The Making of John Ledyard: Empire and Ambition in the Life of an Early American Traveler
Yale University Press, 1. okt 2008 - 224 pages
During the course of his short but extraordinary life, John Ledyard (1751–1789) came in contact with some of the most remarkable figures of his era: the British explorer Captain James Cook, American financier Robert Morris, Revolutionary naval commander John Paul Jones, Benjamin Franklin, Thomas Jefferson, and others. Ledyard lived and traveled in remarkable places as well, journeying from the New England backcountry to Tahiti, Hawaii, the American Northwest coast, Alaska, and the Russian Far East. In this engaging biography, the historian Edward Gray offers not only a full account of Ledyard’s eventful life but also an illuminating view of the late eighteenth-century world in which he lived.
Ledyard was both a product of empire and an agent in its creation, Gray shows, and through this adventurer’s life it is possible to discern the many ways empire shaped the lives of nations, peoples, and individuals in the era of the American Revolution, the world’s first modern revolt against empire.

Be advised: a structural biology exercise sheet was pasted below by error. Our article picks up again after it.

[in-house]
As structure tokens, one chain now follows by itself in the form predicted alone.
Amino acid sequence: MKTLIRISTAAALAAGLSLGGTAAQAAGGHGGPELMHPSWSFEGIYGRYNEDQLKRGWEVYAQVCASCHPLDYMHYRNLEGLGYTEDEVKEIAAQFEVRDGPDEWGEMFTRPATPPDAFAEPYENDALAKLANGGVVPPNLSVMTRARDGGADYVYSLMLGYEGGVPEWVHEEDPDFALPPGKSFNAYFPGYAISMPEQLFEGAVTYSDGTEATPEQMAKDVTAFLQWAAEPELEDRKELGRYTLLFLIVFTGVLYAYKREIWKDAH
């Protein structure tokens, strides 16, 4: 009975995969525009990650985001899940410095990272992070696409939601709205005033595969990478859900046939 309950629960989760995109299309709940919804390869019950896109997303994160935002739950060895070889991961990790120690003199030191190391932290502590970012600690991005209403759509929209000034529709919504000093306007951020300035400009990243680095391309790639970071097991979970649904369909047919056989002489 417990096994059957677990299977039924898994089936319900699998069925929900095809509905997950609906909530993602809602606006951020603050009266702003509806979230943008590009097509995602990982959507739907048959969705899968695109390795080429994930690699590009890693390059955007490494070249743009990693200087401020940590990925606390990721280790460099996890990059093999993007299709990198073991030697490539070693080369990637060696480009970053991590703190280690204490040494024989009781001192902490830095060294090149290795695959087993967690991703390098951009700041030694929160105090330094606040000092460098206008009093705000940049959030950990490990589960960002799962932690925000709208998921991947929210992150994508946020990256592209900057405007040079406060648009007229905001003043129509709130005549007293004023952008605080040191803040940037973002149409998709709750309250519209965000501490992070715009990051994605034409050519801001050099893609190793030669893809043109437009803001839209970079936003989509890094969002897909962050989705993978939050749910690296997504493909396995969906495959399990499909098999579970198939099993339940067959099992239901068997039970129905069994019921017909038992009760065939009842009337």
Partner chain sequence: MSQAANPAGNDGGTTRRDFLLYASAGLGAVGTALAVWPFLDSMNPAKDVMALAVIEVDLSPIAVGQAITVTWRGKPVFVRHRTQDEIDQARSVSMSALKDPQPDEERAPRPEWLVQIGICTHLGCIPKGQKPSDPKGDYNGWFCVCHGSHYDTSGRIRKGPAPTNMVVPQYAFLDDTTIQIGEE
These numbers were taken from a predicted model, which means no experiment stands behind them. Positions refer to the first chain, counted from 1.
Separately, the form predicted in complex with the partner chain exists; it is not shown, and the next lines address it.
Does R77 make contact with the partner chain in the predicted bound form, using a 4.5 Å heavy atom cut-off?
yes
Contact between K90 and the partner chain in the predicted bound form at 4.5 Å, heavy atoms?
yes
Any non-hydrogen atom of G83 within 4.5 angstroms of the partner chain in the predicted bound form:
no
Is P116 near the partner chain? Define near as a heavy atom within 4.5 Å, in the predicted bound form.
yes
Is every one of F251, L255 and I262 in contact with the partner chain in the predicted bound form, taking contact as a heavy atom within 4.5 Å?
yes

What people are saying - Write a review
We haven't found any reviews in the usual places.
VII Becoming a Traveler in Thomas Jeffersons Paris
VIII Across the Russian Empire
IX Despotism and Human Nature in Catherine IIs Russia
X To Africa
Memories of the Traveler
VI From Author to Fur Trader
Other editions - View all
able aboard Africa American appeared arrived Association Banks British Captain carried chap character China coast colonial command Connecticut Cook Cook’s crew Dartmouth death Discovery early effects eighteenth-century Empire England European expedition experience explained force French friends frontier Hartford History human imperial important included Indian interest Isaac Island James Jefferson John Ledyard journal journey kind known labor land late less letter Library lived London marines merchants months moral native nature needed never North northwest noted observed offered officers once Pacific Paris perhaps political prepared published reason Resolution returned revolutionary River Russian Russian Empire sailed seemed sense ships simply slaves social Society Sparks Squire suggested Thomas trade turned United vessels voyage West Wheelock writing wrote Yakutsk York young